There are a whole range of strategies—like personal tax-deductible super contributions—that make it worthwhile putting a little extra effort (and money) into your super. Talking to a financial adviser can make it a lot easier.

If you have questions and would like your financial situation to be evaluated, please email us on ds@bluerocke.com with your contacts, for an exploratory meeting, at our cost, not yours.

Article Source: https://www.mlc.com.au/personal/blog/2020/08/are_super_contributions_tax_deductible

Key changes to super from 1 July 2021

Key takeaways

  • Compulsory super contributions are legislated to increase from 9.5% to 10% as of 1 July 2021
  • Caps for your own super contributions will also increase, enabling you to add more to super
  • The maximum amount of super that you can transfer into a retirement pension account will increase by $100k.

There are changes affecting super from 1 July 2021 which could impact you.

In this article we outline what those changes are so you can be better prepared.

Compulsory super contributions increasing

Your compulsory super contributions—paid by your employer—are legislated to increase from 9.5% to 10% as of 1 July 2021.

But it won’t stop here.

The rate will continue to increase incrementally by 0.5 percent every year until it reaches 12 percent by 2025.

The intention behind this measure is to see a greater proportion of retirees relying less on the age pension and more on their retirement savings.

Changes to your own super contributions

Currently there is a limit to the amount of super contributions you can make yourself, whether you make these using your take home pay or through your employer.

As of 1 July 2021, this limit is changing so you may be able to add more to your super.

Before tax contributions

The current cap or limit you can contribute to super using your income—before it’s been taxed—is $25,000 a year.

From 1 July 2021, this limit will change to $27,500 a year. You can also add any unused cap amounts that you may have accrued since 1 July 2018 if you’re eligible.

Your own contributions

If you currently make contributions with your own money into super—that is using income after it’s been taxed or from your savings—the current limit you can contribute is $100,000 a year.

From 1 July 2021, this will change to $110,000 a year. If you’re eligible you can also contribute up to three years’ worth of your own contributions ($330,000) under the bring-forward rules.1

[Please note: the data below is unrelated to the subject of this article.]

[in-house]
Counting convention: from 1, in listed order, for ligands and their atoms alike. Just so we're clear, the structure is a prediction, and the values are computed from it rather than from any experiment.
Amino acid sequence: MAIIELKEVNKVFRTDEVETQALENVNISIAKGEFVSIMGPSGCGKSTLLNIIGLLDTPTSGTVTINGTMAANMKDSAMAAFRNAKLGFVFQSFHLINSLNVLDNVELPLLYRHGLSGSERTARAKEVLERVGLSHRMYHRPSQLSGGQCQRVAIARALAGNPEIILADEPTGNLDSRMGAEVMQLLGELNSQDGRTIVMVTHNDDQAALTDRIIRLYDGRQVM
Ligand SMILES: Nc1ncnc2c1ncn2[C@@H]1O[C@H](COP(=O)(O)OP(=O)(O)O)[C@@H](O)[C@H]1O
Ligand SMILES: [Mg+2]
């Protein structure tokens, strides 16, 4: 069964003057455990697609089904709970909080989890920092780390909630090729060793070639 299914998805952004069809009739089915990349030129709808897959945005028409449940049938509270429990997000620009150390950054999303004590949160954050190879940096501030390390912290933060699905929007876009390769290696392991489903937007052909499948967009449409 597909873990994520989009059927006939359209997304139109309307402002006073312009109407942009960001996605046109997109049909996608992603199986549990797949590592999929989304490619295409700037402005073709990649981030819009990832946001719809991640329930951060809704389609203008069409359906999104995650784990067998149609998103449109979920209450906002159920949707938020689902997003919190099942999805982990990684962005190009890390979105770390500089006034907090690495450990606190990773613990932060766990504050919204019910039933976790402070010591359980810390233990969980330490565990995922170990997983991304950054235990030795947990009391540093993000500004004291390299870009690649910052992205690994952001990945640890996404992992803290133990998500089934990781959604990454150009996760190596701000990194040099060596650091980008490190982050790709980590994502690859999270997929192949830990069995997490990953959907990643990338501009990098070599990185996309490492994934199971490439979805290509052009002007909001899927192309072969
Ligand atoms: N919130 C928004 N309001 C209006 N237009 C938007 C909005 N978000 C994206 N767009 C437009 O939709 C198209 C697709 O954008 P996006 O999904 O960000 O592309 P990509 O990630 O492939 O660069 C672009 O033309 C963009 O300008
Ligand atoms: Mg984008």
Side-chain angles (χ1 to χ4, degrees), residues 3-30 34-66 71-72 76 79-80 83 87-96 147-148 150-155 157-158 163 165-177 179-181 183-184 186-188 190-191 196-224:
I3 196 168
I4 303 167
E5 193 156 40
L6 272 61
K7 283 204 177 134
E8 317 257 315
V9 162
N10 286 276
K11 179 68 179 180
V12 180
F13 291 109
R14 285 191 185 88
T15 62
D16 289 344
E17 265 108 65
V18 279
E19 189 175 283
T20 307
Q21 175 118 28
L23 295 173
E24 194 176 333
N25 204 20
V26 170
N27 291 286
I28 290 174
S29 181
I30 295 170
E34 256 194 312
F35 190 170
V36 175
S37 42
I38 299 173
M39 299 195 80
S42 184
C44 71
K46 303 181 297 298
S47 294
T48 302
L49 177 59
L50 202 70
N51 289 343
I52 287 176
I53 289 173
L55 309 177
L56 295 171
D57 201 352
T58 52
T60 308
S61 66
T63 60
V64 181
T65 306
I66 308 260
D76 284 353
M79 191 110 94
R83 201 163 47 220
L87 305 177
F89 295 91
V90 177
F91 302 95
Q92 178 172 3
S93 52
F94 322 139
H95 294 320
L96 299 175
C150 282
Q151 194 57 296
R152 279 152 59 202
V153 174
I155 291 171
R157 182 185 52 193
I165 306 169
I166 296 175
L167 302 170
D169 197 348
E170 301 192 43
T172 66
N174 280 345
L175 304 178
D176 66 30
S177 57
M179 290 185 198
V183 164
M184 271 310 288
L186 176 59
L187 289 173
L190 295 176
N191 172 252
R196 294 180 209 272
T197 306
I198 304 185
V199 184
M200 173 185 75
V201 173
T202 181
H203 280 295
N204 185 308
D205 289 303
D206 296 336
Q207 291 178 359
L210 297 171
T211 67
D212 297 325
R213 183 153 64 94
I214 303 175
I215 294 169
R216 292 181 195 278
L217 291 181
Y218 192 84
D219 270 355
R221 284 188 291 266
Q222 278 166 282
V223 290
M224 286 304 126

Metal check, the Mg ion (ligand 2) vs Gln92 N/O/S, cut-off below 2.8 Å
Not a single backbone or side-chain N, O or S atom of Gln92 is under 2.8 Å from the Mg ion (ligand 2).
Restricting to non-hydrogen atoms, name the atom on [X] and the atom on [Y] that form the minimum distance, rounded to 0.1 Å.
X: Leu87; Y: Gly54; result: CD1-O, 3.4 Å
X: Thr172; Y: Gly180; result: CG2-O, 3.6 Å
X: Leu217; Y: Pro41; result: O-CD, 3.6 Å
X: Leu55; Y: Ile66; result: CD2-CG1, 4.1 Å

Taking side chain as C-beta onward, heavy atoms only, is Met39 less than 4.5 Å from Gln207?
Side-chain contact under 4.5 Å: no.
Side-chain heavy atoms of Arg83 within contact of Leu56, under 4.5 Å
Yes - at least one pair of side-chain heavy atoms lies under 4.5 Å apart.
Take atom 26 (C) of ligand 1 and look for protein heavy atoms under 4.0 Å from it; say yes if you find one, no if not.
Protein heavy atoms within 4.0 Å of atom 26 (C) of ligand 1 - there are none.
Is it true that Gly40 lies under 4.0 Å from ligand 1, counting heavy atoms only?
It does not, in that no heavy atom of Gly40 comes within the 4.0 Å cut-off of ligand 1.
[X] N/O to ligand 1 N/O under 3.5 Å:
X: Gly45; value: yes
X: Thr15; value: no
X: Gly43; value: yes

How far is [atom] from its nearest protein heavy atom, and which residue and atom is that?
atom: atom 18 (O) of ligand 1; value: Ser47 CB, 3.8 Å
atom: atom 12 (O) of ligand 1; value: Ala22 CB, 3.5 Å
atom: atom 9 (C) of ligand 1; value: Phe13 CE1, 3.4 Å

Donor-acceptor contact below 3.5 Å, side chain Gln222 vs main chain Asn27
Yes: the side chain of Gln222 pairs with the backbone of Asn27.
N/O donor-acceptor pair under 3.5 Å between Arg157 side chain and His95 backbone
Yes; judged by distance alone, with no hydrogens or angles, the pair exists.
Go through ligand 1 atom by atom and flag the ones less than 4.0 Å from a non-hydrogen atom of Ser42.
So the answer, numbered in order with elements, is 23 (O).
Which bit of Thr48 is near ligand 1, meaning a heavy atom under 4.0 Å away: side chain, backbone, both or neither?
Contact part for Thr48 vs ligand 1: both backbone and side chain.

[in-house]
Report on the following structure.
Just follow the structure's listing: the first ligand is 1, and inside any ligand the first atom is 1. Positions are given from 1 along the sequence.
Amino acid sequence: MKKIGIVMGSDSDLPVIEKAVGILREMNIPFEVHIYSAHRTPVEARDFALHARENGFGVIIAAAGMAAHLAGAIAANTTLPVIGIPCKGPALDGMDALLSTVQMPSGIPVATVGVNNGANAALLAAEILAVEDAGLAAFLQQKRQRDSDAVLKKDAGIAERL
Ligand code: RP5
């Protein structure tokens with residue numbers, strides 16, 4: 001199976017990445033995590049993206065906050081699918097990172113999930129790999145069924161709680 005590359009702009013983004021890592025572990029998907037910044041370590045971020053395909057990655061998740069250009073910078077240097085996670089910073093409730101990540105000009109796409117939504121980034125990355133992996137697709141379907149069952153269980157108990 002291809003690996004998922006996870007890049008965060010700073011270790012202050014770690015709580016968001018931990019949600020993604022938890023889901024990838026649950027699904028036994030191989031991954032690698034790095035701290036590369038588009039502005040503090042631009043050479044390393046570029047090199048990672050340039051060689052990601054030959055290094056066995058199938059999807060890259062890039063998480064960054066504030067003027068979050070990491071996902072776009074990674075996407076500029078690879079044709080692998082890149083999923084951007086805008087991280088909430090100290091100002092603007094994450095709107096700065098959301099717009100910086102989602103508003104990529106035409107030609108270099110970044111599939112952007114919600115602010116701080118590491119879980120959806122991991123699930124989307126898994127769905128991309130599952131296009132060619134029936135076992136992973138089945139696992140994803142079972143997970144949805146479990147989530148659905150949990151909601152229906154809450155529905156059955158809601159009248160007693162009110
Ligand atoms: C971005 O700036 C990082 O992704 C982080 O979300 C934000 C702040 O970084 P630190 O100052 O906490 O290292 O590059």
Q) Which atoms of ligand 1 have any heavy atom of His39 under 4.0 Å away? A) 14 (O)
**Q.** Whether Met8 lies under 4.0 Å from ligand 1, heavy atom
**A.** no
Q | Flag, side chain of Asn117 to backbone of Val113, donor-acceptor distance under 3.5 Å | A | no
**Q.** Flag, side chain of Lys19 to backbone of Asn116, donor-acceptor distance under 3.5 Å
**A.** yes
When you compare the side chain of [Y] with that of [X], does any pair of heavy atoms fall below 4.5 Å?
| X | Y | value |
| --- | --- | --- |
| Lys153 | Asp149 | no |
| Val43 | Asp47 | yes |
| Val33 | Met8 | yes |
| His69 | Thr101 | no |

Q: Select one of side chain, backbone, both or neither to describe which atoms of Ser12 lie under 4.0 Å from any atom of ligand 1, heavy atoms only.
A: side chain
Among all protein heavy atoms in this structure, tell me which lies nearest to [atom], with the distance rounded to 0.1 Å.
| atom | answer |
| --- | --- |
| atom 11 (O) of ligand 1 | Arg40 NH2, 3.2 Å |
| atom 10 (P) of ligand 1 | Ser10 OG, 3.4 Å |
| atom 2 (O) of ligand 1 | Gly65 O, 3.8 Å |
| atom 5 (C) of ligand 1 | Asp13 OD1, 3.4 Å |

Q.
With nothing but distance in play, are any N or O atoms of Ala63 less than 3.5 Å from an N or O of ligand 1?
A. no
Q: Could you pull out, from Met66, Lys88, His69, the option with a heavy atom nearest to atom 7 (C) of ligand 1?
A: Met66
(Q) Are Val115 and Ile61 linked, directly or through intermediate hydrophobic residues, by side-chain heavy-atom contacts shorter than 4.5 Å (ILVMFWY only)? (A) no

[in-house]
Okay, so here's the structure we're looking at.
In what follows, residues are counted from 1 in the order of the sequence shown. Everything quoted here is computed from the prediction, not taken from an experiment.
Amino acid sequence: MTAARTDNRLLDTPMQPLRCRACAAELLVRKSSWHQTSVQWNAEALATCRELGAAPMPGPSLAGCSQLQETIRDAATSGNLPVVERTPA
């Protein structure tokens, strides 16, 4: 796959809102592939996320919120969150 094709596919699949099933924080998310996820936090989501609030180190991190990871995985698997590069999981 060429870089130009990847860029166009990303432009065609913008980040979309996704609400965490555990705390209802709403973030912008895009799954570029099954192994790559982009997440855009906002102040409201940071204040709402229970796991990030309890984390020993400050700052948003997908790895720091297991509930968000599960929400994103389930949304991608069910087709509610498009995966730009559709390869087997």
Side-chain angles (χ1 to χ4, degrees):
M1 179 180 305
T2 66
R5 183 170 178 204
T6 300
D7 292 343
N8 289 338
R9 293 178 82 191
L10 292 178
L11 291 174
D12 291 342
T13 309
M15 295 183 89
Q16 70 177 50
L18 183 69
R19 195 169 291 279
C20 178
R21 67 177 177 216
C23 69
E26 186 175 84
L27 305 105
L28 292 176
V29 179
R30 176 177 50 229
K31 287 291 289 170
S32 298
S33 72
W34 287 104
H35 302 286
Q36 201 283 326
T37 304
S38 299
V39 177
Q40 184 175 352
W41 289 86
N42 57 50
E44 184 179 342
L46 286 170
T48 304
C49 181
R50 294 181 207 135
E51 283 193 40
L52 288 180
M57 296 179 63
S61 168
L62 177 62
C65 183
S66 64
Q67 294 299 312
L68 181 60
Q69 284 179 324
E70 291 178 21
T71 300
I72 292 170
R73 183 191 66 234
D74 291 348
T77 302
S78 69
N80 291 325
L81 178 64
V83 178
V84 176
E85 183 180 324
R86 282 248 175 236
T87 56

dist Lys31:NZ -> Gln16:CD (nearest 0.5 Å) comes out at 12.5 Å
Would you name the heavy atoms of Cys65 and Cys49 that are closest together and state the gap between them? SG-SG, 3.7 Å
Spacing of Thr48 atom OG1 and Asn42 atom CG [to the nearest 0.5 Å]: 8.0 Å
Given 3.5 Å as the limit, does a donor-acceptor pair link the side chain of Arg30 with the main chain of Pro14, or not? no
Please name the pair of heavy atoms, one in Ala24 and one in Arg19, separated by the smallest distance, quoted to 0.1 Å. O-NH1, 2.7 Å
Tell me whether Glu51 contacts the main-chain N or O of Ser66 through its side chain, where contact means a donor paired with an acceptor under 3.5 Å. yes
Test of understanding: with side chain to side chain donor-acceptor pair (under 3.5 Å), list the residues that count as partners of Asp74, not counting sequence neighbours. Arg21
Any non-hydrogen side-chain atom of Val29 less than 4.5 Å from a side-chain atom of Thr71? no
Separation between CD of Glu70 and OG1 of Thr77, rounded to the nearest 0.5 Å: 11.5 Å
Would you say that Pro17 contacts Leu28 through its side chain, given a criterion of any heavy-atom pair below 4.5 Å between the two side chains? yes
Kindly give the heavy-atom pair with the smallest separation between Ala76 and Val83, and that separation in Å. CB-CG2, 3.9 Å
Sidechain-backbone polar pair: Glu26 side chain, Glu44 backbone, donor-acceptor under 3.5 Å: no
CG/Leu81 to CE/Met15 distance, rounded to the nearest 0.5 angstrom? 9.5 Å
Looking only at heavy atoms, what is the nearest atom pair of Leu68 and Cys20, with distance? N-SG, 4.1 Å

1Assumes the person is under the age of 65 at some time during the year when a contribution was made and that the total super balance was less than $1.48m at 30 June 2021.

Increase in super transfer limit for retirement pensions

The maximum amount of super that you can transfer into a retirement pension account will increase by $100k from 1 July 2021.

Currently you can transfer up to $1.6 million from your super into a retirement pension account. This will change to $1.7 million to meet the rising cost of living. It won’t apply to everyone though.

The main benefit of moving your money from a super account into a retirement pension is you don’t pay tax. This is because the earnings you generate from your investments are tax-free.

Note: if you exceed the limit, you will be liable to pay tax on the excess transfer balance earnings.

Who does the change apply to?

How much you’ve already moved into your pension account, if you have one, may affect whether this increased limit applies to you.

The table below highlights the various conditions.

First transfer date* Transfer amount Transfer balance cap from 1 July 2021
On or after 1 July 2021 Up to $1.7 million $1.7 million
Before 1 July 2021 Less than $1.6 million $1.6 million – $1.7 million
Before 1 July 2021 $1.6 million $1.6 million

*Transfer date refers to the day that you first commenced a retirement pension.

Impact on other limits

Other caps and limits, which may apply to you, will also be adjusted on 1 July 2021.